Books Read in March 2013

Only one “grown-up” book this month and the rest of reading was full-up with books for children and teenagers.  But some good stuff there.

Vivian Maier Out of the Shadows
Cahan & Williams
I found out about Vivan Maier because I downloaded the Fathom Events movie theater show of This American Life.  I paid five dollars to watch that show and I had an amazing two hours.  Vivian Maier was one of the discoveries.  This book publishes a retrospective of Maier’s work and short essays tell the photographer’s story.  Maier’s work is stunning–her portraits of people she encountered are moving.  Her body of work is even more amazing when a page of her negatives are viewed.  She mostly just took one shot of each subject.  But what a shot.

Aristotle and Dante Discover the Secrets of the Universe
Benjamin Alire Saenz
Read for Librarian Book Group
Wonderful story of two friends in high school, chock-full of poetic details.  This deserves a longer review, because I really liked it, but it isn’t going to get one.

In Darkness
Nick Lake
Read for Librarian Book Group
This was dark and disturbing, but the good kind of dark and disturbing  where I’m happy the book has won major awards.  Good insight into 19th century slave rebellion and present-day Haitian ghetto (or so I assume, having not experience either time or place.)

Love and Other Perishable Items
Laura Buzo
Read for Librarian Book Group
I love this book and not just because I’ve written an essay on a similar topic. Here is why this book has a place in my heart.  Our female lead is Amelia,  a 15-year-old in typical adolescent transition.  Her parents seem unhappy; it’s that time when the boys are starting to notice the girls at school and she’s not sure what to do with that.  She works in a supermarket and is hopelessly in love with her 21-year-old coworker, though she knows nothing can ever come of it. “I’m not even sure what ‘getting’ Chris would involve; all I know is I want him” she says early on in the book.

Meanwhile, our male lead is Chris, the 21-year-old coworker at the grocery store.  He’s in his last gasps of college, his friends are moving on to other things and he’s paralyzed by both the looming future and a broken heart.  I love that this book details the post-college transition, which for me was horrible and made more horrible by the fact that no one told me it was coming.  I read a lot of novels and nothing ever addressed the transition to full-on adulthood.  This does.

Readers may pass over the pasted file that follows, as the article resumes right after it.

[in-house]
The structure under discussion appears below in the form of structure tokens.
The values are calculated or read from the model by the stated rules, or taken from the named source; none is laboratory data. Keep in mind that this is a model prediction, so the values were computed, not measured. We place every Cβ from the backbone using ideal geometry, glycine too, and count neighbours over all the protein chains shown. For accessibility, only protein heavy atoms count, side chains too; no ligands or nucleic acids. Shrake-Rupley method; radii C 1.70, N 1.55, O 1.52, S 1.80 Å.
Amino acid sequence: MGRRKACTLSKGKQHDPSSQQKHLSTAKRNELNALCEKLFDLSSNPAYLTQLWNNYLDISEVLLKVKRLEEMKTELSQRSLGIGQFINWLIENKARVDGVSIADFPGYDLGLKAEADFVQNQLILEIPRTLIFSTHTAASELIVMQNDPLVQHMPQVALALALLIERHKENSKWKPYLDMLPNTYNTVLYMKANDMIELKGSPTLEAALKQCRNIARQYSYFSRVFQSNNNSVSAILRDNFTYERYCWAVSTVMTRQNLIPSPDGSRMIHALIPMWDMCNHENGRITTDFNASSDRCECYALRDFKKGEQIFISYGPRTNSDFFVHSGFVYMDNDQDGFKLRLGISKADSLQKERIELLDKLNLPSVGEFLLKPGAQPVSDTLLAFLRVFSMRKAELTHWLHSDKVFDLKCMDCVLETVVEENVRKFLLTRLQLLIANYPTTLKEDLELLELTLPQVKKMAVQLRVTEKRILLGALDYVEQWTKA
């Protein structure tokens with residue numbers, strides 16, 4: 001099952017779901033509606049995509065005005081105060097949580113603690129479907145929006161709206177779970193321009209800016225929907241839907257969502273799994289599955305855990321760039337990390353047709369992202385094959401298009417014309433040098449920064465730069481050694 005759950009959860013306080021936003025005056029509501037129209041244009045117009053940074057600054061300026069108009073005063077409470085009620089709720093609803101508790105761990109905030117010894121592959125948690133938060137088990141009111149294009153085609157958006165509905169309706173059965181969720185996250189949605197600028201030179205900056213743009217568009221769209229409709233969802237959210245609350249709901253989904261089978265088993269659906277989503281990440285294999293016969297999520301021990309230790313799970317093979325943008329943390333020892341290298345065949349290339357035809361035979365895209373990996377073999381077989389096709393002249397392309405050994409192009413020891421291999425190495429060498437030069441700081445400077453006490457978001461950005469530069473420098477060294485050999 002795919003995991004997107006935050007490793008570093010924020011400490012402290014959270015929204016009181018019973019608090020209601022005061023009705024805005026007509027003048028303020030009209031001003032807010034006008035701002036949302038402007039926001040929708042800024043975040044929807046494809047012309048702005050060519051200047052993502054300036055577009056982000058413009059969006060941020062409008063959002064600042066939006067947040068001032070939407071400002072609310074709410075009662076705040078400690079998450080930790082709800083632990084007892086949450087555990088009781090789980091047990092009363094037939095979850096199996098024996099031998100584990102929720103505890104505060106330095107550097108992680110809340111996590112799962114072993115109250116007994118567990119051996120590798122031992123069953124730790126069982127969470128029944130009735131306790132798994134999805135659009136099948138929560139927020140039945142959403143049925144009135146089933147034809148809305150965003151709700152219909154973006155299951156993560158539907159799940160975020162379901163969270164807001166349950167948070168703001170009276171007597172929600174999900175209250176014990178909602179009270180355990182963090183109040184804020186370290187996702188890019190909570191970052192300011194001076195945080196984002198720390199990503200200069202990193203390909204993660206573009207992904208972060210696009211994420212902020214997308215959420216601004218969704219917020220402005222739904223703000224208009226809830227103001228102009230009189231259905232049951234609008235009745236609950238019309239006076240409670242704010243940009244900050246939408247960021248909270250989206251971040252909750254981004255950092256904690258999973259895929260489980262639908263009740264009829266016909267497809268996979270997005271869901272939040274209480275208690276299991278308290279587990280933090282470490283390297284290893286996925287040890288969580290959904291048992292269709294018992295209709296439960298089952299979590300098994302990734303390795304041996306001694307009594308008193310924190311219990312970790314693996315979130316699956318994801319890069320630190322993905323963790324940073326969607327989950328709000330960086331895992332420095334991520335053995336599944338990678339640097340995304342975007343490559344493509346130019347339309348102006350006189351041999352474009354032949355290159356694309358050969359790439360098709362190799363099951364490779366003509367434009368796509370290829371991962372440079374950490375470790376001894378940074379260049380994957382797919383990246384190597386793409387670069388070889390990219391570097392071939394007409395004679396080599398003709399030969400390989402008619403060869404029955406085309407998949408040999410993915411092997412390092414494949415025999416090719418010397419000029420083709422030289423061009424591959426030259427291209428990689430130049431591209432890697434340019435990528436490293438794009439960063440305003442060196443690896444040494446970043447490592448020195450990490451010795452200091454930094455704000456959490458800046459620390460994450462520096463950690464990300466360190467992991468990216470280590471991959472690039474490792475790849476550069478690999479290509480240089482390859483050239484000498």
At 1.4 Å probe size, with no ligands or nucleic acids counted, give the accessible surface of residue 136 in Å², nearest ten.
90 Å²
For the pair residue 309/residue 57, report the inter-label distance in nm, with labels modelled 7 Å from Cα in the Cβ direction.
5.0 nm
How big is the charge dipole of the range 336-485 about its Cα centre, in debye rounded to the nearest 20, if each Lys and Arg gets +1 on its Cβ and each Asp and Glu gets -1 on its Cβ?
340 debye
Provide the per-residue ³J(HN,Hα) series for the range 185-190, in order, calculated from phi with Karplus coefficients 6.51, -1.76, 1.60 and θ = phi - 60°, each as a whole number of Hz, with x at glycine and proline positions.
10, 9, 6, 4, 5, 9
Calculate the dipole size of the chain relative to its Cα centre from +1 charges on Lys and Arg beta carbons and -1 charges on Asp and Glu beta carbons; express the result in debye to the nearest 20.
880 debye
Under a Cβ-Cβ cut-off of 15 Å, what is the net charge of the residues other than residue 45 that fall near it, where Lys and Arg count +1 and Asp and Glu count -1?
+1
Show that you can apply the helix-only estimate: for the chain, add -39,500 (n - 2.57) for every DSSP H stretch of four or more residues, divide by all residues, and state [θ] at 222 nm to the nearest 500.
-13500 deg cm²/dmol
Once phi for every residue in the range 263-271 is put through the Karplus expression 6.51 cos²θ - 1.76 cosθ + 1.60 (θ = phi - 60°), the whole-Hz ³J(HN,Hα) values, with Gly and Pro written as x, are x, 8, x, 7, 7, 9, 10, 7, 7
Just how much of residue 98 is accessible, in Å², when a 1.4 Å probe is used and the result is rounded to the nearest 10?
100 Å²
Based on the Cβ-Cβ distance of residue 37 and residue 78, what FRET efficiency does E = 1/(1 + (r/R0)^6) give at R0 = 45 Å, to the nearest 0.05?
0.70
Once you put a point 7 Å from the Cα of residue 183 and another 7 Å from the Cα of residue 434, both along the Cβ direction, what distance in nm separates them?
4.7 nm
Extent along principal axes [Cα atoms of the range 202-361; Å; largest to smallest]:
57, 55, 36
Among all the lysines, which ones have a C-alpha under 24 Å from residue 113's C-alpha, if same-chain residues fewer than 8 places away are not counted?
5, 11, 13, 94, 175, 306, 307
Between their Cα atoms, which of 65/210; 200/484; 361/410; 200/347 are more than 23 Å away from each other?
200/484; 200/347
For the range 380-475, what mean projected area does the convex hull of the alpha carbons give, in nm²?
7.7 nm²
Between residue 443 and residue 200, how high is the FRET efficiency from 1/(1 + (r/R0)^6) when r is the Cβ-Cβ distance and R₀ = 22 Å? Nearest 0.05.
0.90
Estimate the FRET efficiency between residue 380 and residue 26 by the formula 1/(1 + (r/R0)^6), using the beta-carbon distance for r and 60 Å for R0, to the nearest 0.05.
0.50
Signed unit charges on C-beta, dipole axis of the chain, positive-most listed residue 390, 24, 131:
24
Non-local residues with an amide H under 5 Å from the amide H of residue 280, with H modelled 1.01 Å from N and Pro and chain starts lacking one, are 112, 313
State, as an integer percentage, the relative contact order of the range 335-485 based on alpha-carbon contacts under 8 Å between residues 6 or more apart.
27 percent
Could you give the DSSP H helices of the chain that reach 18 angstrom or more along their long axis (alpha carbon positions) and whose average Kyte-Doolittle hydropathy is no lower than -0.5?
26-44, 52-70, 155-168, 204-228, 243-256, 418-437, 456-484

It also captures the hierarchies of the supermarket.  If the author didn’t put in some hours working as a grocery clerk at some point in her life, she sure knows how to do her research.  The story is told in alternating voices, first Ameila’s, and then the journal of Chris.  In the beginning he has no idea Amelia feels anything for him.  What will happen when he figures it out?  Therein lies the dramatic tension.

This book is also funny, taking the ache of what one can’t have (for Ameilia, Chris; for Chris, his departed girlfriend) and finding the humor in the pathos.  Take this (rather long) excerpt from Chris’ journals:

“Last night was just a temporary setback, a stumble, a blip in the getting-over-it process.  I really was doing a bit better.  I was dealing with the pain.  Or at least successfully medicating it with ever-increasing amounts of alcohol and caffeine.  When I read back over what I’d written, I seriously thought about ripping out all the pages. It was a pretty poor showing all the way through, but when I got to the bit where I was writing out the lyrics from the Dire Straits “Romeo and Juliet” song, I had to rip that out.

“But then, I really want to be more honest in this dairy than I have been in past ones, so everything else stays in.  It’s bad enough that I present such a heavily edited version of myself to my friends and family; if I start editing my diary, it will reinforce my already overwhelming tendency to be gutless.  But let us never speak of it.

“For the record, she really did cry when we made love and said she loved me like the stars above and would love until she died.  But, you know, people say shit in the moment.”

I laughed, my heartstrings were tugged, I think you should read this.

The Last Hours of Ancient Sunlight
Thom Hartman
Read for Kenton Book Group
The first third of this book outlines all the problems we’ve got going on, on this planet.  Since this book was published originally in 1998, it covered ground I was pretty familiar with.  No solutions were offered, though.  Then, there was a section about culture and then a third section.  Hartman is fond of “Old Way” thinking, characterizing modern society as “Young Way” thinking.  According to him, primitive cultures had it going on. But what to do about the fact that we don’t live in primitive cultures anymore?  There are no solutions in this book!  Near the end, I hit this paragraph which made things clear:

“Missing the point of a book like this is quite easy to do, because the book makes a radical departure from the normal fare of self-help and environmentalism.  It presents the problems, delves into the causes of them, and then presents as a solution something that many may think couldn’t possibly be a solution because it seems unfathomably difficult:  change our culture, beginning with yourself.”

Okay then.  I’m off to change the culture, beginning with myself.

Nelson Mandela
Kadir Nelson
Read for Librarian Book Group
Very pretty picture book.  Had one hitch in the narrative early on where I had to flip backwards to regain equilibrium.

Penny and Her Marble
Kevin Henkes
Read for Librarian Book Group
I found this to be so-so in that the values seemed rather traditional in a stagnated type of way.

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